You can make your own home security camera or peep on backyard birds.
Tiny, supercheap Raspberry Pi computers have always been great for do-it-yourself projects, but with the addition of a new high-quality camera this week, they're becoming a better foundation for projects like home security and monitoring backyard wildlife.
The earlier 8-megapixel camera option was nothing special, but the new $50 Raspberry Pi High Quality Camera uses a 12-megapixel Sony IMX477 image sensor with more than twice the light-gathering area for better image quality. You have to buy lenses separately, such as the $25 6mm or $50 16mm models, but it uses standard C- and CS-mount lenses from security cameras for more options.
As with Raspberry Pi itself, there's no shortage of possible projects. They aren't for everybody. But for getting creative, learning how things work and getting some real-world hardware and software engineering skills, Raspberry Pi computers can be great.
Here are some ideas detailed in the accompanying Raspberry Pi Camera Guide, available as a book or a free download:
- A time-lapse camera that takes periodic images that can later be converted into a video so you speed up slow real-world events like flowers blooming or sourdough yeast rising.
- A backyard wildlife camera that uses Google image processing to try to identify what's in a video and that automatically tweets a clip.
- A high-speed camera that shoots video at 120fps and that's triggered when something breaks an infrared beam.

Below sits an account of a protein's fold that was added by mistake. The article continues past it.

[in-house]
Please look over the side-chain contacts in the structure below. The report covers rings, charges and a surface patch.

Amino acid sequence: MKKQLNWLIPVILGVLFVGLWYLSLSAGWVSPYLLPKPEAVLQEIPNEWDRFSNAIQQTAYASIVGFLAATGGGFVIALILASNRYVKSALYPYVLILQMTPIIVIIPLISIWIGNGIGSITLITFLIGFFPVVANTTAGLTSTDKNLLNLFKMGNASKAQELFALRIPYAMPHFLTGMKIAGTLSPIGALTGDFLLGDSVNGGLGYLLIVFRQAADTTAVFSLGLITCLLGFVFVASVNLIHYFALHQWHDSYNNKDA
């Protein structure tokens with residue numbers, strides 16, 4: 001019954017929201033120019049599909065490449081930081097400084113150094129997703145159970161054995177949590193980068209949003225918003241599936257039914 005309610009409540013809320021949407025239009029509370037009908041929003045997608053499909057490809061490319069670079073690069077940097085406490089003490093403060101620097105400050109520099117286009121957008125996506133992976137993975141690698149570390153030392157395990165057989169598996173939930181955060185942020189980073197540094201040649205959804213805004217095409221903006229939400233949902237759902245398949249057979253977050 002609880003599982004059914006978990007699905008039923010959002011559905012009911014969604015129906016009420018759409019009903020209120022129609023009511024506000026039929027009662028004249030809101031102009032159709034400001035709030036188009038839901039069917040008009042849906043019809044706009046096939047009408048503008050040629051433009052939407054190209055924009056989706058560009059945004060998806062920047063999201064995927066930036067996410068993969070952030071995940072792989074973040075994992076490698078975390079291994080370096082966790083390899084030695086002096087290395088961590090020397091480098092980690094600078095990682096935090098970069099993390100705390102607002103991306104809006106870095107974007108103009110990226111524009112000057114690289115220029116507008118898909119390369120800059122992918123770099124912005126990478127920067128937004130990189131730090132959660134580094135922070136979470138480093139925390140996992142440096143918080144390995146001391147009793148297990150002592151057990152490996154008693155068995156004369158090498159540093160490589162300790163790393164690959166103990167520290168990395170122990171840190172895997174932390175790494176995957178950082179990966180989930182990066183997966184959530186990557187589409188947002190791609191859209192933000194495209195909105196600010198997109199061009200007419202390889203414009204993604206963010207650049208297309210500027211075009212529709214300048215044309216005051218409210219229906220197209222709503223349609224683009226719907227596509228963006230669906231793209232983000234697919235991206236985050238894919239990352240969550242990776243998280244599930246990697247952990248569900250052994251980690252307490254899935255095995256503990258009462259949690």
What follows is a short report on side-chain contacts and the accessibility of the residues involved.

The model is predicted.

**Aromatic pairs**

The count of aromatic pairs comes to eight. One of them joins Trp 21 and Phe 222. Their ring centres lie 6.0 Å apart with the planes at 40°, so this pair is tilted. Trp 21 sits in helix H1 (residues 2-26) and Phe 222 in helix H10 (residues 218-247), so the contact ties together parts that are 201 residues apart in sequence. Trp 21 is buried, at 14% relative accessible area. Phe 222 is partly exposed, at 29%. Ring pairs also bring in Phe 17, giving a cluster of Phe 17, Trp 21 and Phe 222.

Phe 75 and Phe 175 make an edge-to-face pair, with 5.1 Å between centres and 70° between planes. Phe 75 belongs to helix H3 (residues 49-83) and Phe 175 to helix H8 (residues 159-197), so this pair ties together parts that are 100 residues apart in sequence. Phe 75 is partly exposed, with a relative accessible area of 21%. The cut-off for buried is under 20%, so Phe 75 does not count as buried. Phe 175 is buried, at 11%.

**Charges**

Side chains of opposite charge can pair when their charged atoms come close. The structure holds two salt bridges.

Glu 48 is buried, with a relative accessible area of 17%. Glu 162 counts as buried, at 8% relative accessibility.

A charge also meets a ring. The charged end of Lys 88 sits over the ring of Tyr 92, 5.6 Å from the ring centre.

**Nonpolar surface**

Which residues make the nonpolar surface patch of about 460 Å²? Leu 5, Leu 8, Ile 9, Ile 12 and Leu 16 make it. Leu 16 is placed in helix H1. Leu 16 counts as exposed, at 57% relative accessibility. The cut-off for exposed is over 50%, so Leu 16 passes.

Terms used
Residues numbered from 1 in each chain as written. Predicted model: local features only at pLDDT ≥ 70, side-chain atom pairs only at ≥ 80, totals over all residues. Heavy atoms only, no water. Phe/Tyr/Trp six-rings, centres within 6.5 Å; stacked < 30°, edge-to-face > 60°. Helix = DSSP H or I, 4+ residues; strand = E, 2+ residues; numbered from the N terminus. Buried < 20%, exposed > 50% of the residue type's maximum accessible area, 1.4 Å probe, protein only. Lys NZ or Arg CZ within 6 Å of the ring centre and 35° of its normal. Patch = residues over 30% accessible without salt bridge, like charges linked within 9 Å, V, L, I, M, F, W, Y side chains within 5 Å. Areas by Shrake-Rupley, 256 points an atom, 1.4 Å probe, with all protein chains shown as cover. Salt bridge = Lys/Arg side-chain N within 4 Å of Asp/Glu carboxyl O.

- A stop-motion camera for making step-by-step animations.
- A spy camera activated by an infrared light motion detector.
- An infrared bird-box camera to snoop on avian domestic life.
Some people are already working on projects like making a Raspberry Pi handheld camera, attaching professional SLR camera lenses and streaming backyard bird video to YouTube. Another idea: an automatic dartboard game scorer.
Top-end Raspberry Pi computer costs $55
The current Raspberry Pi 4 models retail for about $35 for a model with 2GB of memory, and $55 for 4GB, though there are other older and cheaper alternatives. They're bare circuit boards, about the size of a credit card, powered by a 1.5GHz quad-core Broadcom BCM2711 processor and accompanied by useful electronics: four USB ports, two mini HDMI ports for connecting displays, an SD card slot for storage, an Ethernet jack, Bluetooth and Wi-Fi. They typically run the Raspbian version of Linux.
Cases, power supplies, keyboards, mice and other accessories cost extra. You can also add a variety of HAT devices (short for “hardware attached on top”), like sensors, buttons, LEDs or other gadgets that connect to the Pi's array of input-output pins.
The computers are designed by the Raspberry Pi Foundation, a UK nonprofit that works to bring computing into the lives of students and others who might not be able to afford the latest MacBook. It also encourages people to get out their soldering irons, 3D printers and other hardware for Raspberry Pi-based projects like cat speedometers, hamster feeders and even miniature supercomputing clusters. As of 2019, more than 30 million Raspberry Pi computers have been sold.
You can buy Raspberry Pi computers and accessories at a number of sites, including Adafruit Industries, PiShop, the Pi Hut and Avnet subsidiary Newark Electronics. Some products are out of stock for now.
“We'll have some tens of thousands more coming onto the market in the next couple of weeks,” said Raspberry Pi Foundation spokeswoman Liz Upton in an online comment. “We weren't necessarily expecting to sell through on the first day — these have been popular!”